When John was named the executor of his mother’s estate, he expected the process to take a month, at the most. “After all,” he told his wife, Holly, “Mom didn’t have much. I’ll just fill out the forms and turn over the will, and I’ll be done. Easy peazy.”
Holly smiled at her husband, her eyes filled with amusement. “I think you’re being overly optimistic, dear. It took my friend, Sandy, over a year to close her mother’s estate. Relatives and supposed heirs were coming out of the woodwork contesting the will, and some of the creditors were pretty unreasonable when she tried to settle her mother’s debt. It was a regular soap opera.”
Holly pointed to the folder that held her mother-in-law’s estate plan. “You’d better start going through those papers and see what’s there, then contact an attorney so you can figure out the next step. I know that you do have to submit something to the Probate Court, I’m just not sure what that is.”
When a California resident dies, their assets and liabilities are considered to be their “probate estate.” Generally, any assets in the decedent’s name become part of that estate, except for assets that have a designated beneficiary, such as life insurance, a trust, or property held jointly, for example, a residence. Whether a resident dies with or without a will, a qualifying estate must be submitted to probate. This process ensures that all liabilities assessed against the assets of the probate estate, such as taxes and a creditor’s claims, are settled before any heirs receive their inheritance.
In California, probate usually takes between eight months to two years. That time frame, however, is dependent on many factors, including the size of the estate, the nature of the estate’s assets, the ease of identifying and locating all qualifying heirs, creditor’s claims, the court calendar in the county where the decedent lived, and the accuracy and clarity of the decedent’s will or estate plan. In addition, unforeseen consequences, such as challenges to a will or the location of heirs can result in significant delay.
The process begins by filing a petition with the probate court, requesting “Letters Testamentary.” These legally authorize a person or persons to administer an estate. Depending on a court’s workload, it can take several months before that authority is granted.
Once the Letters Testamentary are issued, the process moves to administrative tasks. Generally the executor or personal representative is responsible for collecting information on assets, liabilities, and heirs. In some cases, assets may require a valuation by an appraiser or probate referee, and other valuations may be dependent on information from third parties, such as the government, brokers, banks, realtors, and financial institutions. Each valuation and information request builds delay into the process because the administrator is dependent on the availability and workload of other professionals. Special problems and delays may also arise when out-of-state heirs or property are involved.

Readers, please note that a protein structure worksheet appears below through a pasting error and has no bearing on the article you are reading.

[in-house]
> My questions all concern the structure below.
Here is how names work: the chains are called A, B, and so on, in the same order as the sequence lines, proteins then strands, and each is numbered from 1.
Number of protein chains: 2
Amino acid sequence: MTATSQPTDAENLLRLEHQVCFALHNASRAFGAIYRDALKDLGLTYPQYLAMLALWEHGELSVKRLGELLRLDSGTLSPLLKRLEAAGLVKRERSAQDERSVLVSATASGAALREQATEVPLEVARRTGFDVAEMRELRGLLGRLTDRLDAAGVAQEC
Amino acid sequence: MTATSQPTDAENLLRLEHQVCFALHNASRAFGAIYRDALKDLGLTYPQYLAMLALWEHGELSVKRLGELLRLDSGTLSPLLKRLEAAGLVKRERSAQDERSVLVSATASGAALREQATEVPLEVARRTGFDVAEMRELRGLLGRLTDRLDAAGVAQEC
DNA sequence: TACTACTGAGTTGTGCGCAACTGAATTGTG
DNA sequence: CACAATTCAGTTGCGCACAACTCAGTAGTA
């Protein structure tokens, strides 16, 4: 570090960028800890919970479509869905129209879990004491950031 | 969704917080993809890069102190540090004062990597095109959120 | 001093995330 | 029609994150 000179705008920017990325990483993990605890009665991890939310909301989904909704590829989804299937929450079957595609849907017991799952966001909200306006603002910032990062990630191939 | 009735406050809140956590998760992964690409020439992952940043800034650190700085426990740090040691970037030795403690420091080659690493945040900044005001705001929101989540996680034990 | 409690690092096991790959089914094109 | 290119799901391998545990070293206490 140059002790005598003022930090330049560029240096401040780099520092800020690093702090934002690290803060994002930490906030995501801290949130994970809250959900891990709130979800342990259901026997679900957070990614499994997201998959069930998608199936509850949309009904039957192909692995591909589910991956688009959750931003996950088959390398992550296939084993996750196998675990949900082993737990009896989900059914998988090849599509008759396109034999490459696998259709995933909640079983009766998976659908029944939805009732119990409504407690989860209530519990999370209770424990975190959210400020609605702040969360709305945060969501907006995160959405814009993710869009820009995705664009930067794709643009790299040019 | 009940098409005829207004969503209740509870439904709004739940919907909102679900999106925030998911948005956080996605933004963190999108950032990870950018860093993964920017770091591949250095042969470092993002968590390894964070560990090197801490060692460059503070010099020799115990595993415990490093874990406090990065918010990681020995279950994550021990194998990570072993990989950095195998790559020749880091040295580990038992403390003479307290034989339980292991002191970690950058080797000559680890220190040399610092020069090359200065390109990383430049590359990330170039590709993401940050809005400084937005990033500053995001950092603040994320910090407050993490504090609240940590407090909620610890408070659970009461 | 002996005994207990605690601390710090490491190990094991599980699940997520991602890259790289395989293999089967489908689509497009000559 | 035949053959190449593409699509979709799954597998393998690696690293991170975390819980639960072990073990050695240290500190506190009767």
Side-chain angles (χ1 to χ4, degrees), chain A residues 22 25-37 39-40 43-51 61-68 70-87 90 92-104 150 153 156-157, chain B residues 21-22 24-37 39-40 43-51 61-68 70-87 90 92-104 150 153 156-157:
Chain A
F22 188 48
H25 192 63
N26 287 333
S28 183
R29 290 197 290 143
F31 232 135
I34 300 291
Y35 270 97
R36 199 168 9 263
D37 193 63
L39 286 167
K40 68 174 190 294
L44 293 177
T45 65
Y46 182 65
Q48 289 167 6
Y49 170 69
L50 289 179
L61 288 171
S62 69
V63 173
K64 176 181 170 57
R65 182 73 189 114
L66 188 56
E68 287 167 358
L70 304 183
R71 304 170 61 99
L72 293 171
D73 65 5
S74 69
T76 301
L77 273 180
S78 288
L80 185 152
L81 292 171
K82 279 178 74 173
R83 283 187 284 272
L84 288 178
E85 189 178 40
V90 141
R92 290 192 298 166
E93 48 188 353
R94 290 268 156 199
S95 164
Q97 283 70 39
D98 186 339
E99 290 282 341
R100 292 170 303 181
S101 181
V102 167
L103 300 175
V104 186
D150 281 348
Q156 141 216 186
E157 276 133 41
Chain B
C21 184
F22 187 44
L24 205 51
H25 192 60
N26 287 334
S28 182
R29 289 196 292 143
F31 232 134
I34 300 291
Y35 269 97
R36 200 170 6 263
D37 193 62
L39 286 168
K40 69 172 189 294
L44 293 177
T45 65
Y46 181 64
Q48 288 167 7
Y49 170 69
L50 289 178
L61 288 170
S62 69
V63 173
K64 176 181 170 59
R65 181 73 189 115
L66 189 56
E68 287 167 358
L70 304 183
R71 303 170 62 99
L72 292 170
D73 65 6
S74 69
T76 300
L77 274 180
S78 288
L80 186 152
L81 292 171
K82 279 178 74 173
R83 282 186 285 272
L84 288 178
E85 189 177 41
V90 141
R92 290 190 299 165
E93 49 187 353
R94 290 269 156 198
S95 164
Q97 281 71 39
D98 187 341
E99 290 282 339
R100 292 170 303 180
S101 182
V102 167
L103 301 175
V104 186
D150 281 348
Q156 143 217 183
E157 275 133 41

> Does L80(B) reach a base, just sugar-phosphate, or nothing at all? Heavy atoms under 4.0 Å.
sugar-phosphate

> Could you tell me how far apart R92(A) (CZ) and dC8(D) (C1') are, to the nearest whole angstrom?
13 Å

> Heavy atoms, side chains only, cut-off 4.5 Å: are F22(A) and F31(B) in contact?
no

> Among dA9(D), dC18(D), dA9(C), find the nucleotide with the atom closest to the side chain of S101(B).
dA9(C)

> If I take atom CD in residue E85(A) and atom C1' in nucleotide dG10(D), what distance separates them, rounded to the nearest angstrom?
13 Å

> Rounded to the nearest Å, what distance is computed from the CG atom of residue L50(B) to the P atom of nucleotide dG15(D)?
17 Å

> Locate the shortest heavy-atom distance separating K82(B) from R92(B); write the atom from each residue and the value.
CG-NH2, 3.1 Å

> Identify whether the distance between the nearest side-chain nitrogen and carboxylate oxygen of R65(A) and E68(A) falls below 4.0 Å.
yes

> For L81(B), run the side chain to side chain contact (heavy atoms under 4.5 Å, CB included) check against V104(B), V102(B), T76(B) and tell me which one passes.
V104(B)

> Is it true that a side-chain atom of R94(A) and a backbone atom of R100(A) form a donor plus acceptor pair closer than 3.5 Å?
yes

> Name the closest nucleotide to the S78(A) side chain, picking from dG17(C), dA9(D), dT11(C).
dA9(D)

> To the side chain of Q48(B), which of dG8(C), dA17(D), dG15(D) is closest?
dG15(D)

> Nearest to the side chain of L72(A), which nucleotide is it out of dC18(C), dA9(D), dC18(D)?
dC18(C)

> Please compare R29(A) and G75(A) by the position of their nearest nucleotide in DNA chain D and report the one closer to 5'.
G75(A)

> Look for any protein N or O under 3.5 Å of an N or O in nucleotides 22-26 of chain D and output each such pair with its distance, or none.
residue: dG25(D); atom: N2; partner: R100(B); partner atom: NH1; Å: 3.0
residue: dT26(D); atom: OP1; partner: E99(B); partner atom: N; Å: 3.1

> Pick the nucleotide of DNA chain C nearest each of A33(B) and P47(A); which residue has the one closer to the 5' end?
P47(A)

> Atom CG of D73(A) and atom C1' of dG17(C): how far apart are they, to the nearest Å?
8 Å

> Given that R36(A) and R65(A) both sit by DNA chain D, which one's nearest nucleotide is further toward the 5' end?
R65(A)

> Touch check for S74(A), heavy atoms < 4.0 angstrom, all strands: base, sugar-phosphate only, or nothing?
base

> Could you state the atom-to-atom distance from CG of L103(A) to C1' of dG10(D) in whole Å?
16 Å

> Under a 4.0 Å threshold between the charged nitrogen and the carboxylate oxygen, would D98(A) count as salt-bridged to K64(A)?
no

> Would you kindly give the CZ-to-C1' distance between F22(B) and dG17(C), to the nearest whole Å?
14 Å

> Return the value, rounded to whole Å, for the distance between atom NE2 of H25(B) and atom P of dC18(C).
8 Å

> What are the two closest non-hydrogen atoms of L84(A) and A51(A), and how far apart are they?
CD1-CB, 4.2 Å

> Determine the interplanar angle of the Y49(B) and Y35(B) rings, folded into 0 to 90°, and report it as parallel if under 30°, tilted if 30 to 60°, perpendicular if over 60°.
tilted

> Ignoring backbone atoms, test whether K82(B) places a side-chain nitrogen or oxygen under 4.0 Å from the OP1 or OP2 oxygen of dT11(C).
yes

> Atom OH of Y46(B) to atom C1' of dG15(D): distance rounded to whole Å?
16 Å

In addition to the time it may take to collect such information, several mandatory notice periods are triggered by the probate process. For example, anyone who benefits under the will must receive a 15-day notice that a Petition for Probate will be filed, as well as a 15-day notice prior to any hearings pertaining to the will. In addition, creditors have four months from the granting of Letters Testamentary to file a claim.
Once all appropriate information is collected, the estate administrator must determine how assets should be allocated, make arrangements for the sale or distribution of property, prepare tax returns and an accounting for all heirs, and then seek court approval before the final distribution of assets is made. When an estate consists of few assets, this may take a minimal amount of time. When an estate is complex, more time will be required.
The probate court monitors the administration of the estate and at its discretion, may require approval before certain actions are taken. Seeking court approval, as well as scheduling hearings, can result in even further delay, especially in counties where court dockets are already backlogged. There is no way to speed up this process. It is dependent solely on available court personnel and the rate at which they are able to manage their workload. And no one estate is given priority over another. An estate is adjudicated in the order in which it is received.
A well-drafted estate plan can contribute much to the smooth administration of an estate. Every error or omission adds to the administrative burden, sometimes resulting in delays of weeks to months. However, while agonizing over the time it takes to probate an estate, some comfort may be found in the fact that it will never be the longest probate to take place in California history. There is one home in this state that has been in probate since 1925!